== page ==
THE NEW YORK FALAFEL BAR IS CLOSED.NEW YORK FALAFEL BAR
72-32-B Austin Street
Forest Hills, NY 11375
Forest Hills, NY 11375
If Wafa's was too far away from Pahal Zan to be much of a threat to its dominance, then here's the NY Falafel Bar, just a few blocks away on Austin Street. It's Kosher, it's newer and has more space, it's got a TV playing bone-jarringly irritating Hebrew-language TV shows and it's already packed with people chatting to the guy behind the counter about how their mom used to make this, that and the other. "She'd put garlic and onions in everything!" Even if my experience finally did end with Pahal Zan winning in terms of taste, NYFB is mind-numbingly faster. You walk in, you order and you're out the door before you know it. Its speed has already curried the favor of the maintenance guys from National Grid, who can't afford to spend twenty minutes waiting for their lunch while their truck sits by a fire hydrant with its blinkers on.
The first time I went, I pulled up a seat by the window and chowed down on the Falafel Haim sandwich in a pita with everything. You can also get the sandwiches serve in a wrap the way Wafa's serves them, or in a baguette roll... like Subway. The first thing that went through my head as my mouth hit the food: "oh man, this is good!" This was a damn good falafel sandwich. There were just the right amount of toppings to add flavor without diluting the presence of the falafel balls. The pita was much thicker than I'm used to, but I liked it that way. It didn't shred as I was eating, spilling cucumber and tomato and hummus across my lap. The hot sauce was extremely timid however. They need to crank that up a notch or three.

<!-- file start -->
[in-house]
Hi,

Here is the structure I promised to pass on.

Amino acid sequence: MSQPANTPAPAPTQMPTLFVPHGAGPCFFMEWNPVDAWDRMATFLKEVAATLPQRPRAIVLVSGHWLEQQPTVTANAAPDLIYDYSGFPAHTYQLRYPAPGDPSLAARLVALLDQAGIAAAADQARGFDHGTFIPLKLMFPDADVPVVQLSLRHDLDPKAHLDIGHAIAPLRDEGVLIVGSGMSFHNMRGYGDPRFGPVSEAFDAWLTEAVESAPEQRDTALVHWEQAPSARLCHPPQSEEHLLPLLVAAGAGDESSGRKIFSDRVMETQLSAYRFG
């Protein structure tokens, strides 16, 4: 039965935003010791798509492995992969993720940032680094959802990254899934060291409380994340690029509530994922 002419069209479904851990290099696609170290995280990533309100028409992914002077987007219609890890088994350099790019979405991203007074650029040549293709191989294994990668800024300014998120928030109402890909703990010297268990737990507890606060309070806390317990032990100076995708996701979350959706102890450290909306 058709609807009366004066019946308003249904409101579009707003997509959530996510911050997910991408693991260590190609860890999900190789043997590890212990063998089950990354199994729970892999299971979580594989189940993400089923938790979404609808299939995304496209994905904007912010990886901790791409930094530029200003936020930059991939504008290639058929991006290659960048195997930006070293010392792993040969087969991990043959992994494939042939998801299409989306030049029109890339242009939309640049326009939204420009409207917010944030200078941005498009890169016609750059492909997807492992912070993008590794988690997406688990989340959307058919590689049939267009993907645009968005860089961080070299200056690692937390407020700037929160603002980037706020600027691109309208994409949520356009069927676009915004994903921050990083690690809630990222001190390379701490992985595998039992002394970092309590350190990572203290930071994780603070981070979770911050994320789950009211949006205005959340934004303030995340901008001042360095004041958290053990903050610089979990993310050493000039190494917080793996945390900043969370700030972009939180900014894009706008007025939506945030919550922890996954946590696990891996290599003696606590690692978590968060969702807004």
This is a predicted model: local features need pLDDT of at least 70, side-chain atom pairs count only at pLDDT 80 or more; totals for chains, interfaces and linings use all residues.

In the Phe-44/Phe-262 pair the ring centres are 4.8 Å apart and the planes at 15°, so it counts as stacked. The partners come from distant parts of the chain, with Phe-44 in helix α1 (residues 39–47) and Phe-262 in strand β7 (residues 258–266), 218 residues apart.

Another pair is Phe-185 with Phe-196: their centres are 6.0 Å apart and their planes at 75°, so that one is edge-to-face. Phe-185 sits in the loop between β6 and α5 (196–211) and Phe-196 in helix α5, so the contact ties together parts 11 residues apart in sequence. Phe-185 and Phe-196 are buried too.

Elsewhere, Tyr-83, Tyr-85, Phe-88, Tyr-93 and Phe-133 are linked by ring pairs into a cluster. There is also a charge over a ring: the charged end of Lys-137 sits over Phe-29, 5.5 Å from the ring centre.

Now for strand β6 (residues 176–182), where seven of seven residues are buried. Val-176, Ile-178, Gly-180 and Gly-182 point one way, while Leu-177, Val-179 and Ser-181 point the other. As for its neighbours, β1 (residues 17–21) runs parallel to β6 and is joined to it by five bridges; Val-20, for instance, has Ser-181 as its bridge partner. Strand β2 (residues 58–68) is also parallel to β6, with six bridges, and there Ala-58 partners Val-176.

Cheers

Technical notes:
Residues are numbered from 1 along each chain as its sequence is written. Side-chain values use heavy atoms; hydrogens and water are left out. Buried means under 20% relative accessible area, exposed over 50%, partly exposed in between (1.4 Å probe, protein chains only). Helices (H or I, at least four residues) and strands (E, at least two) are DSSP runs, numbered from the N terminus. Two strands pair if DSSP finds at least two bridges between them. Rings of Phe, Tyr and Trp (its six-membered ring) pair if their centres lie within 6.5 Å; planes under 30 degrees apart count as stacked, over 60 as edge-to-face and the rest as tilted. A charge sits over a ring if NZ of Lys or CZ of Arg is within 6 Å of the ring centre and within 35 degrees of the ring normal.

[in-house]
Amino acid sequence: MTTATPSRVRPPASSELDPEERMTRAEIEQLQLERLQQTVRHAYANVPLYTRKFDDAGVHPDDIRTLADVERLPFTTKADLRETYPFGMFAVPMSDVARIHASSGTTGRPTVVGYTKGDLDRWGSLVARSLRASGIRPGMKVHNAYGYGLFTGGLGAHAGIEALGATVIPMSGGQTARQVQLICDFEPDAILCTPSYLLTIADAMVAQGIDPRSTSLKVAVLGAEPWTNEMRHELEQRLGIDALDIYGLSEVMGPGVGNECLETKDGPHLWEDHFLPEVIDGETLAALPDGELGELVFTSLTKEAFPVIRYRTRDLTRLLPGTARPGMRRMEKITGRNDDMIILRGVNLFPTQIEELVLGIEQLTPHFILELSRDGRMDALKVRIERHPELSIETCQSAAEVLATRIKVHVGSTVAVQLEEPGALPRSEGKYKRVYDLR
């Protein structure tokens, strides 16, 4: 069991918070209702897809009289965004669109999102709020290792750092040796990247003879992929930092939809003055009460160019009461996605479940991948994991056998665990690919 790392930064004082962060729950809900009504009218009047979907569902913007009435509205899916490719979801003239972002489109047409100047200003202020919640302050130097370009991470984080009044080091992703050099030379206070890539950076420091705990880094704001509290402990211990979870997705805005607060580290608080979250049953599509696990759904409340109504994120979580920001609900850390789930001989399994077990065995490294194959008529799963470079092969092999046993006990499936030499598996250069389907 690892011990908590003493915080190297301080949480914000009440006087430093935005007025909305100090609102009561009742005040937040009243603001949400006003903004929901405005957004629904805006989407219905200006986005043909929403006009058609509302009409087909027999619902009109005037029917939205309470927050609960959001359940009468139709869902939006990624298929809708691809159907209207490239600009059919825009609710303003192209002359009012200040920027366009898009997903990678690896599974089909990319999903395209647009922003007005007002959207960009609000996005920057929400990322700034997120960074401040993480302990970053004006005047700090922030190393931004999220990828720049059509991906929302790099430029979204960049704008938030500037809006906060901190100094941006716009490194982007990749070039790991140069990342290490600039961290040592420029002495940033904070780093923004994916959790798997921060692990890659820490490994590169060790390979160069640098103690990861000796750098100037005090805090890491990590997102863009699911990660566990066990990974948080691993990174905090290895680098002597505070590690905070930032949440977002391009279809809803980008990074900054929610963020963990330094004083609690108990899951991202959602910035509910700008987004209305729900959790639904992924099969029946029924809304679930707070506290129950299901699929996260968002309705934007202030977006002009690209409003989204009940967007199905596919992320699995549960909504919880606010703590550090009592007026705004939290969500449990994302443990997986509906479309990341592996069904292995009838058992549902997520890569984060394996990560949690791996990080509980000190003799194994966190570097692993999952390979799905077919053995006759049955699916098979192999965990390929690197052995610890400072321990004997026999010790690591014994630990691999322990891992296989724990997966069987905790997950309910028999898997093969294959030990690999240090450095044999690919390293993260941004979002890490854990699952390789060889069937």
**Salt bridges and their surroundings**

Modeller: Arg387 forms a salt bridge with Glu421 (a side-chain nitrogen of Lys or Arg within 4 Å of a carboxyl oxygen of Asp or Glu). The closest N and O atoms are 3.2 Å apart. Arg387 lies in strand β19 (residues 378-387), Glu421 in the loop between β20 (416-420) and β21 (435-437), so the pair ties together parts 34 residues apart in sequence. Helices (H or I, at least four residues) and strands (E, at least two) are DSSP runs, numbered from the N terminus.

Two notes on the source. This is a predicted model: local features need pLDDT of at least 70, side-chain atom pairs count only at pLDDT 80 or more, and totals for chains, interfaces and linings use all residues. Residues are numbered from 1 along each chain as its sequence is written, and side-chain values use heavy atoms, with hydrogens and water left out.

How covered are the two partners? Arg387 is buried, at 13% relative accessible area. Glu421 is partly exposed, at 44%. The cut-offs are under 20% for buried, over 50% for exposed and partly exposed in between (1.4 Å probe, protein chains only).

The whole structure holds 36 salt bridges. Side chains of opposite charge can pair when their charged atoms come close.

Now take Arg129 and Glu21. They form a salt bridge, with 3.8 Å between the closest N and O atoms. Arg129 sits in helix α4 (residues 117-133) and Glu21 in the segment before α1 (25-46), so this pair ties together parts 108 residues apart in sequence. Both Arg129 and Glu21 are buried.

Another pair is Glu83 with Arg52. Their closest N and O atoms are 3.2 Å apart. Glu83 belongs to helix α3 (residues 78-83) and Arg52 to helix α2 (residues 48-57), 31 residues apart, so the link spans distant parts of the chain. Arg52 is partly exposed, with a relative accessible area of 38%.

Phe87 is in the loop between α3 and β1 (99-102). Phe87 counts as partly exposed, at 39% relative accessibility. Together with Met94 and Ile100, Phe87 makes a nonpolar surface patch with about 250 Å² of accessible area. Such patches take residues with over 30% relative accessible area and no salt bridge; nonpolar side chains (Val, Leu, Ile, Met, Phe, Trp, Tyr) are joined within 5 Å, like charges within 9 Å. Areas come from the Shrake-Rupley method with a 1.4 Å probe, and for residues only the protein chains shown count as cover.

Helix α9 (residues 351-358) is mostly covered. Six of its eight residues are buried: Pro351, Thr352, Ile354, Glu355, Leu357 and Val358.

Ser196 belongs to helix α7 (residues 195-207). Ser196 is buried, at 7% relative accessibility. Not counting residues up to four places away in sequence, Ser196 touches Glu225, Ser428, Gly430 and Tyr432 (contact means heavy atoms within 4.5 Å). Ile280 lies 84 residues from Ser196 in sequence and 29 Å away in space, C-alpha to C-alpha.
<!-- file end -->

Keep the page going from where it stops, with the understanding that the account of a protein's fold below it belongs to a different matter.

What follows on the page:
I would have gotten something with lamb for round two, but NYFB doesn't serve lamb. They do serve schnitzel (Israeli, Spanish or Chinese (?) style), but I decided to leave my schnitzeling to Manor Oktoberfest and chose to try out the Shawarma. This was far less impressive. Not serving lamb, NYFB serves chicken roasted on a spit "Israeli Style" - which happens to be the exact same style used by the Greeks and the Turks and the Lebanese (and the list goes on) for roasting big cylinders of meat to be used in pita-wrapped sandwiches. Anyway, unlike my experience with the falafel, the flavor of the chicken was entirely drowned out by the toppings. Weirdly, after eating most of those toppings, the flavor of the chicken was again drowned out by the spices that were used on it. Maybe chicken isn't the way to go? I might return to give their Shakshuka sandwich a whirl.
Becuse NYFB is Kosher, don't expect to chow down Friday nights (after 4pm as of this posting) or Saturdays at all.